Second base: Mark Teahen, Kansas City: No, he's not quite as good as, say, Ian Kinsler or Dustin Pedroia, and no, he's not actually a second baseman, having played 23 innings at the position this year. No matter. The idea of playing third basemen such as Teahen, rather than failed shortstops, at second base is a sound one, and this is my small way of encouraging it.
Third base: Evan Longoria, Tampa Bay: At this point I think you can say that Longoria is a better player than Alex Rodriguez, full stop. However much of a beast he is at the plate and in the field, though, that's only one reason why I voted for him. The other is that in last year's playoffs in Boston I saw him wearing one of the coolest jackets I've ever seen any major leaguer wear, a worn-out slip of vintage brown leather that most millionaires wouldn't use to wash their car. There is much to be said for a famous, rich athlete who has the sense to wear such a jacket.
Shortstop: Derek Jeter, New York: Never having bought into the Jeter mystique -- he's a truly great player, and that's enough -- I still find him one of the more entertaining players in the game. Any time he plays one has the chance to see him dive two feet back off the plate on a pitch that nicked the inside corner, trying to sell it as a ball, or pumping his fist in the field after some routine throw to first base.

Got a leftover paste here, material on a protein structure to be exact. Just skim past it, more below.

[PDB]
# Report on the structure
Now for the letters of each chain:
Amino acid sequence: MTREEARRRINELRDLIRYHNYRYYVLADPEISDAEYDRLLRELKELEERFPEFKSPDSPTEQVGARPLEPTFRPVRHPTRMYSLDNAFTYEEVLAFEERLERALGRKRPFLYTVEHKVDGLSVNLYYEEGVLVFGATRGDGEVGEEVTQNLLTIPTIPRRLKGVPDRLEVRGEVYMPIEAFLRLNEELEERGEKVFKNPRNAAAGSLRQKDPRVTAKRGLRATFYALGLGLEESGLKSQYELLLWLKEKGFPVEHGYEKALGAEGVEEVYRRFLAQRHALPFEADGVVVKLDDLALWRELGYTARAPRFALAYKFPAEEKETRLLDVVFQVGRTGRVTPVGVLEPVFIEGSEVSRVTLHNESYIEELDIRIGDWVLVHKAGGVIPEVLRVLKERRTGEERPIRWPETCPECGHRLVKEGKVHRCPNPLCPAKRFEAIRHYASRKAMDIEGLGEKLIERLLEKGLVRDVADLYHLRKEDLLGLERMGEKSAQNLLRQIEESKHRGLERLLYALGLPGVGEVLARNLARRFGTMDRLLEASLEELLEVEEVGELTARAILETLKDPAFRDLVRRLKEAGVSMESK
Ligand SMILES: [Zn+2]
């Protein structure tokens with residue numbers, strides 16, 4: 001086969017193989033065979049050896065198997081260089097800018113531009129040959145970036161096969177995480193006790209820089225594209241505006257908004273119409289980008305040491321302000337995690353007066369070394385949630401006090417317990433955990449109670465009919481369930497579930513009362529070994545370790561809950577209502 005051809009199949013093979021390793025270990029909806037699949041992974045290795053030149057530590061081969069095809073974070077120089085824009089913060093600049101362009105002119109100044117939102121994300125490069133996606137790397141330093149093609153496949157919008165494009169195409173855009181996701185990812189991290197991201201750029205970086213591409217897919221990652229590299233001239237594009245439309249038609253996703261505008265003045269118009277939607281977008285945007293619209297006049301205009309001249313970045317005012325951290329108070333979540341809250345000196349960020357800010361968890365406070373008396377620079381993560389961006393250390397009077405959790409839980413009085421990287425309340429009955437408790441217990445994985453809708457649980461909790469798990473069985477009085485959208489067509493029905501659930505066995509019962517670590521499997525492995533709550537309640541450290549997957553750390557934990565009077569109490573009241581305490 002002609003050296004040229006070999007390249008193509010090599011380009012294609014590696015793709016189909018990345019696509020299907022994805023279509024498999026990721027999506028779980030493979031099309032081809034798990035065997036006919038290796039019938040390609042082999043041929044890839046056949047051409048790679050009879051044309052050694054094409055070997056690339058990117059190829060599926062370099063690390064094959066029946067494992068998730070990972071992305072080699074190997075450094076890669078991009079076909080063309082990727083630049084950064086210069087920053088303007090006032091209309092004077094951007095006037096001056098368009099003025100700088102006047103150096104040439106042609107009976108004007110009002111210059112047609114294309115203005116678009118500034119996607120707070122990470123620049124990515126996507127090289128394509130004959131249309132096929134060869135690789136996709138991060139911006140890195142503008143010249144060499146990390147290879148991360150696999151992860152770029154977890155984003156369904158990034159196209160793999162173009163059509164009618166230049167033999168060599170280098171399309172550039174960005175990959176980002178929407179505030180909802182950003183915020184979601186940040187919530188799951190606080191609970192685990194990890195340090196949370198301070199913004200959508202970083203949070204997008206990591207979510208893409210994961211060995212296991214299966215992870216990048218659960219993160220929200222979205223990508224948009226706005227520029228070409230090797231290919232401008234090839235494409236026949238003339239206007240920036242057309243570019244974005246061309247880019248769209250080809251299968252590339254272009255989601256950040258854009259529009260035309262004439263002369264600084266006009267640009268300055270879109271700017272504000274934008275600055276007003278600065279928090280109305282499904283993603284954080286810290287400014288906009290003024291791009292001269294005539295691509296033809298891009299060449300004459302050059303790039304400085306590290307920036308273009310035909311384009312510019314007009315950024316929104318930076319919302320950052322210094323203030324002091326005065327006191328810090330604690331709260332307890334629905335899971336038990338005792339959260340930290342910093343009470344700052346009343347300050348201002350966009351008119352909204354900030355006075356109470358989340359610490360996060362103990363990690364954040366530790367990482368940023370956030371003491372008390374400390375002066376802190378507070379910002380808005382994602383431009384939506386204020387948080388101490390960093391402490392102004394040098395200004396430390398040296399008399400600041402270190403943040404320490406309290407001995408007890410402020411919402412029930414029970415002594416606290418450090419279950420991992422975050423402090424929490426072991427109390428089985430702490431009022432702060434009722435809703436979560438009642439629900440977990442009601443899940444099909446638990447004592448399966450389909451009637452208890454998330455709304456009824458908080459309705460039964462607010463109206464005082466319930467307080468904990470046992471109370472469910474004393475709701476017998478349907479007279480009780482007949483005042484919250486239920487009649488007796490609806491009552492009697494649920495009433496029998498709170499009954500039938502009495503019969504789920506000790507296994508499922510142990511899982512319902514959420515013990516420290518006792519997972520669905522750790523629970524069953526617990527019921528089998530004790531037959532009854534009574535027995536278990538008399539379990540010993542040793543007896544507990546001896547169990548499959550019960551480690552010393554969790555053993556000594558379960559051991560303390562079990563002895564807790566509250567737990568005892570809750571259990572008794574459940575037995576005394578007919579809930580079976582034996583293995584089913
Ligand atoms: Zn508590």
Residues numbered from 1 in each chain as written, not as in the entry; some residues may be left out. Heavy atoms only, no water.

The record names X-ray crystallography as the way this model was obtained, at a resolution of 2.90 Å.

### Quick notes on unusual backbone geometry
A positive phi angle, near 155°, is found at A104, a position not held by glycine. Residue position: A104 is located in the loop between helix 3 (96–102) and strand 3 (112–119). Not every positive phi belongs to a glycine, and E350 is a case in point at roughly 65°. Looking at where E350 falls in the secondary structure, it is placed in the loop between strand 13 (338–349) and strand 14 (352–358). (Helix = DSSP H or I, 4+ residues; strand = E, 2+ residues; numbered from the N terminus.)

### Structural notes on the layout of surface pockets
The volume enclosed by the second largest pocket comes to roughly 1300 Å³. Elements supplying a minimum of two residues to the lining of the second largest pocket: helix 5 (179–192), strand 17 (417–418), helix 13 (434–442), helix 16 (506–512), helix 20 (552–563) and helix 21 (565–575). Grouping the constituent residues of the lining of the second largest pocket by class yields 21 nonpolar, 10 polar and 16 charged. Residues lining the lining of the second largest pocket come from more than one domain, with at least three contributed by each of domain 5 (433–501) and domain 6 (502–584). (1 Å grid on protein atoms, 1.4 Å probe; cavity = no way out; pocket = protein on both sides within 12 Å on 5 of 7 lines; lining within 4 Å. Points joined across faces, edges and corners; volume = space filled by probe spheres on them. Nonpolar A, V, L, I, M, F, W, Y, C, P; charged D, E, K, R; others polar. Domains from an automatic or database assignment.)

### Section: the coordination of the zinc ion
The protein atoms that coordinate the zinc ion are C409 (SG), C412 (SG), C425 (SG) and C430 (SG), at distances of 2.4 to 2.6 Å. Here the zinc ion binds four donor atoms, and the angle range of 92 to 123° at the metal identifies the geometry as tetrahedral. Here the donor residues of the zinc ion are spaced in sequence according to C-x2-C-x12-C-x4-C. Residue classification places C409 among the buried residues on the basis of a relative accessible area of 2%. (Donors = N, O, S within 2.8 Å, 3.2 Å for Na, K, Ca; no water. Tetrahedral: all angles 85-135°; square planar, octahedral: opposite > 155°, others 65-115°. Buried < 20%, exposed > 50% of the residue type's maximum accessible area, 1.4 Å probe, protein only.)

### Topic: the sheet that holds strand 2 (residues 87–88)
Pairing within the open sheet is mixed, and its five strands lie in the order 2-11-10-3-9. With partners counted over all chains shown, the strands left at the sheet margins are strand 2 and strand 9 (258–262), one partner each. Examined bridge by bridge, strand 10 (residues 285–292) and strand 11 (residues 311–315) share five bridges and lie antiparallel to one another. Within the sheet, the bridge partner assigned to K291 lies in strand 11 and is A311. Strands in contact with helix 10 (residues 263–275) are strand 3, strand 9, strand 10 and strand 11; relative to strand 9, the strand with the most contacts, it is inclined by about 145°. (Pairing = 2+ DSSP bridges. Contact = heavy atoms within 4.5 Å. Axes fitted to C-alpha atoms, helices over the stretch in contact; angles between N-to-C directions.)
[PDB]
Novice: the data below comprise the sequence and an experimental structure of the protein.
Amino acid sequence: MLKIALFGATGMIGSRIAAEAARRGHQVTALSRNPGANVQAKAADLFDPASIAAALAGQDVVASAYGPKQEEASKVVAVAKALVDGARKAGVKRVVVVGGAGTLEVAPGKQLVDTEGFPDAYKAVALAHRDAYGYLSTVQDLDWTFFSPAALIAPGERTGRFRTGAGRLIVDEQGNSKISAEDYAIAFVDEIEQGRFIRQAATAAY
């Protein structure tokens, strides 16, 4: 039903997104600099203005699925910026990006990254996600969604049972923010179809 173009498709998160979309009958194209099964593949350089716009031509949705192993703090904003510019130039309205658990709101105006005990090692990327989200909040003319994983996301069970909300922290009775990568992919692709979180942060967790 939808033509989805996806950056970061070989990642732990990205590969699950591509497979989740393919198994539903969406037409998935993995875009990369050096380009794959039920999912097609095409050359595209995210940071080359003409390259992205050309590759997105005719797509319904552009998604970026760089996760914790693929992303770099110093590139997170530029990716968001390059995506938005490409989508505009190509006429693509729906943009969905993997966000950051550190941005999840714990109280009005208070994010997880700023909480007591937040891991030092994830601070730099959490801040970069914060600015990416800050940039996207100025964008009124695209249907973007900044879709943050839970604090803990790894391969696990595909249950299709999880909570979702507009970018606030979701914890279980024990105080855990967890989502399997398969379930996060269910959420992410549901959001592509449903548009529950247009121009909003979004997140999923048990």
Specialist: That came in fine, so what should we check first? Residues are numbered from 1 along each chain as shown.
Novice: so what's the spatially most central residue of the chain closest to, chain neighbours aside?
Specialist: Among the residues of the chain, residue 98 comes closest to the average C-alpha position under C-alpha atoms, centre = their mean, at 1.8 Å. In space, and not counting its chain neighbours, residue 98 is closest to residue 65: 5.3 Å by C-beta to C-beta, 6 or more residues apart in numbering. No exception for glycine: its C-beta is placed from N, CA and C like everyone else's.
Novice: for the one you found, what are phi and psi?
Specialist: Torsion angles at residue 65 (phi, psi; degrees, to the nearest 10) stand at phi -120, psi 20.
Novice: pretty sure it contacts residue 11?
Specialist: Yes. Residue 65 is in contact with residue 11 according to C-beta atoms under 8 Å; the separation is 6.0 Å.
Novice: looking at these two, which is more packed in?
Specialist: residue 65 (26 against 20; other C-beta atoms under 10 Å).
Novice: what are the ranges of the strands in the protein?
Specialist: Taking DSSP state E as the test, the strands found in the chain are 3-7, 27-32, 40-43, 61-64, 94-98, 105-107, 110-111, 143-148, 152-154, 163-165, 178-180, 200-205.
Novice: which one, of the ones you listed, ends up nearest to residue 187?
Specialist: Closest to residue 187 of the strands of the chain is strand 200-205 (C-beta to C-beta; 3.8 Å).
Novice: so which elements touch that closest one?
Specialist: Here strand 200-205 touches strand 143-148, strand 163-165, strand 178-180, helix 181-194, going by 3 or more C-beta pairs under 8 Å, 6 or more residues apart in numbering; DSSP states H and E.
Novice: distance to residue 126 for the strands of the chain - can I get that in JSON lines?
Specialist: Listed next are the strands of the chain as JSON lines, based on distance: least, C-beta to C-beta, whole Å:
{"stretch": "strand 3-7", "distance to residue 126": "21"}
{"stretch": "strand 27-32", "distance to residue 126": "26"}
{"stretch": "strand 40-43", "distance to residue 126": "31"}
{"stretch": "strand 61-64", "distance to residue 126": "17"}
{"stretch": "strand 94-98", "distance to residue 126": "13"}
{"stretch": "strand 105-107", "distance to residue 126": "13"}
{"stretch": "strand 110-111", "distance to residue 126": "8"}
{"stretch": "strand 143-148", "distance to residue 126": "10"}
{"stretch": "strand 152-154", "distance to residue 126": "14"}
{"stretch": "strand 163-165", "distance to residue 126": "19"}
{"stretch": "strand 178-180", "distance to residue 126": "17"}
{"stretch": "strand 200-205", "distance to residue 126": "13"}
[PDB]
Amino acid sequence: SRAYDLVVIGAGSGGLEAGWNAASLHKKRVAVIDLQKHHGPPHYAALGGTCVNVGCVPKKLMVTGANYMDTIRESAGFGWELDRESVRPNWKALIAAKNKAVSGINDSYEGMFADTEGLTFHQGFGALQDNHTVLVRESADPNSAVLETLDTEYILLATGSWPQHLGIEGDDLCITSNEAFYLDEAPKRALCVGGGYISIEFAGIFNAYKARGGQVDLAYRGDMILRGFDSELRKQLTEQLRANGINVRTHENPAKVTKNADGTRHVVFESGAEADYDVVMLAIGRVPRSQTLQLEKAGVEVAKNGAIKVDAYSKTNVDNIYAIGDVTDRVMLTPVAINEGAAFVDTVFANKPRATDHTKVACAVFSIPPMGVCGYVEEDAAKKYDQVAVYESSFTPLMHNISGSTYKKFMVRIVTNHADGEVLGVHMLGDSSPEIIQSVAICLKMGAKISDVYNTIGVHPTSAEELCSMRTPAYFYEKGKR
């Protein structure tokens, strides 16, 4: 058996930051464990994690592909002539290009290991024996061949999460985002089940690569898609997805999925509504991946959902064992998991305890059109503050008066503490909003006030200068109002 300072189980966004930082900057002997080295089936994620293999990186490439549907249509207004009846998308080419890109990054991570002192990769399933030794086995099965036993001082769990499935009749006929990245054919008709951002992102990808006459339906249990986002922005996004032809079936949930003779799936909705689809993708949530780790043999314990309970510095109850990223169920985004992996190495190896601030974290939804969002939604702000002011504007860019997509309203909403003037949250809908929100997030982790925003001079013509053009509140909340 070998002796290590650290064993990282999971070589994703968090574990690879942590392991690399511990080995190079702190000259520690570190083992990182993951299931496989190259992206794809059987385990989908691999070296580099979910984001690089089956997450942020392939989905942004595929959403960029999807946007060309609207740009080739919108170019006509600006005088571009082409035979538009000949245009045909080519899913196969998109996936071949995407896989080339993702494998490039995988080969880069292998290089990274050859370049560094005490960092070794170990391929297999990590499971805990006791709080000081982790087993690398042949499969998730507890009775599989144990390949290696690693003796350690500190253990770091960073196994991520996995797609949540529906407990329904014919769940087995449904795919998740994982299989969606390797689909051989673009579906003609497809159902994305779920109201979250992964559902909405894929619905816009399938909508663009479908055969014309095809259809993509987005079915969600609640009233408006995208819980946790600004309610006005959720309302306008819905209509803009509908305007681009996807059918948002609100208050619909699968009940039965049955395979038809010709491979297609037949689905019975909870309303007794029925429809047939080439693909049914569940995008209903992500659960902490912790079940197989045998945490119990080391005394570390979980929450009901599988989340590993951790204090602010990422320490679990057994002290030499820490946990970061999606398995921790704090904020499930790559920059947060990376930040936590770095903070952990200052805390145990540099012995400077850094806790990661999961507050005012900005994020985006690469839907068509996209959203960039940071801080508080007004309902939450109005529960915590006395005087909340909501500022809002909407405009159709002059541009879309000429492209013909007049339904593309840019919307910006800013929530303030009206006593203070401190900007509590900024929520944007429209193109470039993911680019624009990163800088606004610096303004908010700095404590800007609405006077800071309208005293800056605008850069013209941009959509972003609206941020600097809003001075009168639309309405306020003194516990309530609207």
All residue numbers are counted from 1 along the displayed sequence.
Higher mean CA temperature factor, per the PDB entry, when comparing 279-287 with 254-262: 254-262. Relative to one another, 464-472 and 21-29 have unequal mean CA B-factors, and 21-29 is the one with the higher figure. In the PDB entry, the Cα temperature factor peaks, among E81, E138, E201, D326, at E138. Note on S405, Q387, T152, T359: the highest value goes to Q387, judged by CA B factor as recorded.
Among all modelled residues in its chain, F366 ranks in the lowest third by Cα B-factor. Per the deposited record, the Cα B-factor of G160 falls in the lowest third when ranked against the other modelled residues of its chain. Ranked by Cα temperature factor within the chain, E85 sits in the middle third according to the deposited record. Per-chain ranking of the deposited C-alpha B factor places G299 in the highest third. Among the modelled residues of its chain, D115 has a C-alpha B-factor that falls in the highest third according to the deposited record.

Catcher: Jason Varitek, Boston: This is no slight to Joe Mauer, one of baseball's best players and one of the most fun to watch. But is there anyone who looks like a ballplayer quite as much as Varitek? If he broke out some story about catching the Dean brothers in his early days, I wouldn't be a bit surprised.
Left field: Carl Crawford, Tampa Bay: The best thing about Crawford is that while he's fast, he's more football fast than baseball fast -- he's no waterbug, but a big, thick guy who runs the bases hard. He may be a poor man's Tim Raines, but that makes him more worth paying to watch than nearly any other player in the sport.
Center field: Carlos Gomez, Minnesota: This is another position where there are clearly better players than my pick, but Gomez is just such a thrilling defender to watch that I had to give him the nod over Adam Jones and Grady Sizemore. He has the rare knack of being able to just float around the outfield, running so smoothly that he may as well be pedaling a bicycle and settling under balls as if he hadn't had to move for them.
Right field: Ichiro Suzuki, Seattle: I always wondered what Tony Gwynn would have been able to do later in his career if he hadn't put on so much weight, and Suzuki, who's hitting nearly .370 at 35 while playing his usual outstanding defense, seems to offer a pretty good idea. I'll be voting for him until he retires, and I doubt that will be any time soon. He has a pretty good chance of racking up 3,000 major league hits by the time he's 40, which isn't bad for someone who started at 27.